When Schools are caught up in Family Court proceedings

Berry Family Law Managing Partner James Turnbull discusses what happens when schools are caught in the crosshairs of Family Court proceedings.  To hear more about how family law issues apply to schools, James and Berry Family Law Special Counsel Bernadette Johnston will present a seminar on the topic, Family Law and Your School: A Comprehensive Guide at the School Law Symposium: Risks, Duties and Liabilities on 5 June. James Turnbull



A small portion of parenting disputes are not resolved and still need Court resolution.  In these cases, some parents either enlist or coerce the school to take a part.  Conventionally, Principals, Teachers and Counsellors eschew involvement in parenting litigation about their students.  This article focuses on how the school might be exposed to the Family Court.


A party to proceedings about parenting may request the Family Court to issue a subpoena to collect relevant evidence.  There are three types of subpoena.  They are to:-

a. Produce documents;

b. Give evidence; and

c. Produce documents and give evidence.

So what happens when a subpoena is received?

A practical checklist may assist.  In particular:-

  1. To whom is the subpoena addressed? A subpoena for school records should be addressed to the person in control of the records.  In government schools, normally that would be the Director General of the Department of Education. In private schools there should be an administrator assigned for that role.  The subpoena must name a person.  If it is addressed only to the school or to the Department of Education, the subpoena is deficient and need not be answered.
  2. Was conduct money tendered? A subpoena must be served together with “conduct money”.  This is a sum judged reasonably sufficient for the person subpoenaed to travel from the school or from the Department of Education to the Court in order to provide the documents, to give evidence, or both.  If conduct money is not supplied the subpoena is not properly served.  A subpoena issued from the Federal Circuit Court is required to be served with a minimum of $25 of conduct money.
  3. Are there difficulties in complying with the subpoena? As a subpoena is a compulsive order from the Court. Because of this compulsive nature, the Court ordinarily places limits on what is required.  The subpoena should be very specific regarding the documents needed.  If for example the subpoena requested:-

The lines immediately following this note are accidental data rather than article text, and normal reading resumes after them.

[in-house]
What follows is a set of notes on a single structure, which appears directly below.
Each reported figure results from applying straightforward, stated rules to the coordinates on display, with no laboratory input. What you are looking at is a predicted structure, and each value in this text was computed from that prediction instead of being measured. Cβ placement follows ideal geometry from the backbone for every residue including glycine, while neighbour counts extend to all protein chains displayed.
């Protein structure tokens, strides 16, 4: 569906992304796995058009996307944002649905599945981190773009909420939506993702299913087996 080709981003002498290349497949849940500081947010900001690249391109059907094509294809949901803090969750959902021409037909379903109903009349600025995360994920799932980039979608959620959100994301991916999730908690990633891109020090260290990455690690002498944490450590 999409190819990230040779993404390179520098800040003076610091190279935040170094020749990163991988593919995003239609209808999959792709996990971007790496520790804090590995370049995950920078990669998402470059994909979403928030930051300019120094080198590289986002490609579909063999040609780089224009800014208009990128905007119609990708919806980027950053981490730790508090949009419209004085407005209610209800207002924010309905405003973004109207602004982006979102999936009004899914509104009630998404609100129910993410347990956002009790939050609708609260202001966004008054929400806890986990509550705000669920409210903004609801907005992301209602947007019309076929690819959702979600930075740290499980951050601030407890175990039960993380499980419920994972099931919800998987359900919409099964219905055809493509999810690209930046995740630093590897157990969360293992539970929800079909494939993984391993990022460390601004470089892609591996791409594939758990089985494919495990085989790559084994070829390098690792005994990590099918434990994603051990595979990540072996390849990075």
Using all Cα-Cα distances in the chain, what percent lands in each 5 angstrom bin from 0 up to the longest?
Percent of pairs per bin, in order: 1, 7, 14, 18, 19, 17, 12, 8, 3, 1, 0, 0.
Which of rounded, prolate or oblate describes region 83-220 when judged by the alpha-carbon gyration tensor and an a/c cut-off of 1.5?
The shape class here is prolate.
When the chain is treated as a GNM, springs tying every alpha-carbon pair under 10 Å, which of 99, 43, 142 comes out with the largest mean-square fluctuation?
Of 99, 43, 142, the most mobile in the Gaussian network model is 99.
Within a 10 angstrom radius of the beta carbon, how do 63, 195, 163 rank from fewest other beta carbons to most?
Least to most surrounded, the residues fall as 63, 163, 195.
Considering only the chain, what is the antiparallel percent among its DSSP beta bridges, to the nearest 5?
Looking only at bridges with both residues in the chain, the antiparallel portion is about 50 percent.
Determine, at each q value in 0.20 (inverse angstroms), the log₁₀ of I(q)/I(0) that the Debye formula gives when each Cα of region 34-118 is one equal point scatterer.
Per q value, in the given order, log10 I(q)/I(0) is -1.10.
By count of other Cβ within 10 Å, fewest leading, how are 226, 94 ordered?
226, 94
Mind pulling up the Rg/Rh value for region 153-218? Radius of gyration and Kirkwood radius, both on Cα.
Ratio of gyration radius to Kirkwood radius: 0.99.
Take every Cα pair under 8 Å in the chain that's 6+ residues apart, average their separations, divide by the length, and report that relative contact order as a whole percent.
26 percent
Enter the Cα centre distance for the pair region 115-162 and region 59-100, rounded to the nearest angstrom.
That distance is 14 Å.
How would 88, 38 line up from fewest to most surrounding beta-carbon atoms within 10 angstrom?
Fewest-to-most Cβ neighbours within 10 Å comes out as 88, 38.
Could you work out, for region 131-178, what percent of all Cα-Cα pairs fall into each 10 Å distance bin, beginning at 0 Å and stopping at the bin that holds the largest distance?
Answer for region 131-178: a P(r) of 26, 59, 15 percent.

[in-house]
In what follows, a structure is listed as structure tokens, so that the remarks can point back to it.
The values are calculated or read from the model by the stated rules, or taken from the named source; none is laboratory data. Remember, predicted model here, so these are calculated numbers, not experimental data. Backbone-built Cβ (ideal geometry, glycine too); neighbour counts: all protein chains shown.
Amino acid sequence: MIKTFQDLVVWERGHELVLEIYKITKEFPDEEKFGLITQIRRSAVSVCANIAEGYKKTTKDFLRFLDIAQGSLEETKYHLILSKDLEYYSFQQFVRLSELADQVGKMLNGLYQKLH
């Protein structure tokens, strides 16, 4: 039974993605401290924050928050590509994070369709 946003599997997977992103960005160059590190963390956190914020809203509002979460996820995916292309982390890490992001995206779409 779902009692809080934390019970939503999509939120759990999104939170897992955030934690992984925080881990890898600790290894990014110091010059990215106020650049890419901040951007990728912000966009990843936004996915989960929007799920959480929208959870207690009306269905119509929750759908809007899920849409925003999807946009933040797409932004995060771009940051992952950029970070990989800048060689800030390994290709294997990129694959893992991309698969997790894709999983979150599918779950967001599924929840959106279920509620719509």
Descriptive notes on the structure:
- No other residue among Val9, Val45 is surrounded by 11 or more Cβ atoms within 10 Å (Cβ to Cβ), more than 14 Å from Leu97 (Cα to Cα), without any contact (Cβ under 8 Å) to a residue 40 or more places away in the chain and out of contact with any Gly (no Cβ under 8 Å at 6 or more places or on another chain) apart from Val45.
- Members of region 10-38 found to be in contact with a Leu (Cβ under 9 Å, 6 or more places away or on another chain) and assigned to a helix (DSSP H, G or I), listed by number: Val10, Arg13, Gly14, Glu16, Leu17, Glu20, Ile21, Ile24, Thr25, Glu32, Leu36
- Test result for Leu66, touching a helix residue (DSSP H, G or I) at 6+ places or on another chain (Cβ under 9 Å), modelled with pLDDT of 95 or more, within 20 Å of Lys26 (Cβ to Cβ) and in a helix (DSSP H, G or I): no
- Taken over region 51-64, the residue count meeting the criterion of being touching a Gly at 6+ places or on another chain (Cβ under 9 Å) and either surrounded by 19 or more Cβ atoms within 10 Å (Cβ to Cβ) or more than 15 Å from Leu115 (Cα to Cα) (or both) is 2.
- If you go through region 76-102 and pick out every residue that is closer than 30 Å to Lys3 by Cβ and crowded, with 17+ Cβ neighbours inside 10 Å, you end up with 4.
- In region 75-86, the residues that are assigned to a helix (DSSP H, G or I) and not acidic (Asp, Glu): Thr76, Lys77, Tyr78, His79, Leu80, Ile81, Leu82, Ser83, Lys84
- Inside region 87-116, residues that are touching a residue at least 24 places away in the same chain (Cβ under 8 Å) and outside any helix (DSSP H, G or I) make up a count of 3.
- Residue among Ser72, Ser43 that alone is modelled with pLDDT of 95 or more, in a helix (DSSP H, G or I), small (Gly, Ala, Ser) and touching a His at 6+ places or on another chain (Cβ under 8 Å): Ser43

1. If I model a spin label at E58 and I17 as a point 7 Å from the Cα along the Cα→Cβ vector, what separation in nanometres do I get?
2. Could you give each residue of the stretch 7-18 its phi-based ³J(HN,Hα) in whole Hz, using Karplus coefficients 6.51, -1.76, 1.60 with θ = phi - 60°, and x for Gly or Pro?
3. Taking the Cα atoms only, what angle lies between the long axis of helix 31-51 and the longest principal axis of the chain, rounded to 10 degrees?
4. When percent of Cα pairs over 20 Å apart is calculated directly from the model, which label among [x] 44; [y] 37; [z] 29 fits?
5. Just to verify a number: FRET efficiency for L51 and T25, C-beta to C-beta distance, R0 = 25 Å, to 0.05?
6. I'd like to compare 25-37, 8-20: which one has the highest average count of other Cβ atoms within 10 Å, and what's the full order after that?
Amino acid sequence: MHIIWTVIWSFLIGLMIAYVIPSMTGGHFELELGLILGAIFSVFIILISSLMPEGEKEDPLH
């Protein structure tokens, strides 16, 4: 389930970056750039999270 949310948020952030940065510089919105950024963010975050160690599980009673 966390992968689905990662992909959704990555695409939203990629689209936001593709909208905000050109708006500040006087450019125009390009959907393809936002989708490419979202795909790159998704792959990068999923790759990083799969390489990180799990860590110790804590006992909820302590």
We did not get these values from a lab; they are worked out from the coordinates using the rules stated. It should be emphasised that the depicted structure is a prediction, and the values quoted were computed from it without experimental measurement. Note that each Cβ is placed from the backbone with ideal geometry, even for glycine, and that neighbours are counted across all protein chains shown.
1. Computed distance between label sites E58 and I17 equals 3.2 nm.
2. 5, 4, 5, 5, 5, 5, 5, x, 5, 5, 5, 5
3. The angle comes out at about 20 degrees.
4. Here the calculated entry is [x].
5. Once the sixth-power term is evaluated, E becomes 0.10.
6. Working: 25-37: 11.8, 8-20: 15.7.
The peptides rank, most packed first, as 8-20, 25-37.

All documents in your possession regarding the student XYZ“,

there might be thousands of documents which mention that student particularly if they have been at the school for a long period of time. If the net of a subpoena is cast too wide, the party required to comply with it may object.

The subpoena should be served with a draft of a Notice of Objection.  If obtaining and gathering together the documents is overwhelming, difficult or oppressive you may say so in an objection. The Court may then rule upon whether compliance with the subpoena is required.

A well-crafted subpoena will identify specific documents which can be ticked off, making the task of compliance an easier one.  This should be the aim of the author of the subpoena.

  1. Time for service – A subpoena to produce documents must be served at least 10 days before the date required for compliance. A subpoena to give evidence must be served seven (7) days before the date required for compliance.

In special circumstances, the Court may shorten the timeframe. However this is the exception rather than the rule.

The Family Report

A more common way for the school or teacher to be exposed to a parenting case is through a Family Report. The Court orders the preparation of a Family Report in many parenting cases. This Report is authored by a child welfare professional; often a psychologist or social worker. That author must gather information directly from the parents, teachers, and healthcare professionals and often from the student themselves.

A Family Report author may give the school or teacher an authority signed by the parents permitting the release of information. The author will often follow that up with a telephone call or a letter to gather information. It is important to carefully consider the authority provided and then give that author only information as should be provided under the authority.


Teachers may be pressured by parents to take part in their parenting case by executing an Affidavit. Under the Australian legal system, an individual cannot be forced to sign an Affidavit. A teacher should carefully consider all appropriate protocols. If in doubt, contact the Department of Education, or check the guidelines on the Department’s website. It is often unwise to become too involved. The teacher’s responsibility is to the student and not the parent. 


Managing Partner James Turnbull, LLB, ASLIV, B.App.Sc., became accredited as a Family Law Specialist in 1997. He has worked exclusively in family and relationship law for 25 years. James believes that while each case is unique, there are very few fact scenarios which he has not encountered. This experience allows him to work in conjunction with the other practitioners in the firm to generate positive options and outcomes. James lectures to the legal profession and to other groups including mental health professionals, school principals and school administrators in family law. While more of his time is spent in property cases, he still advises in the difficult parenting matters, particularly those which involve a request to relocate children interstate or overseas. James has never lost a relocation case. Connect with James via LinkedIn .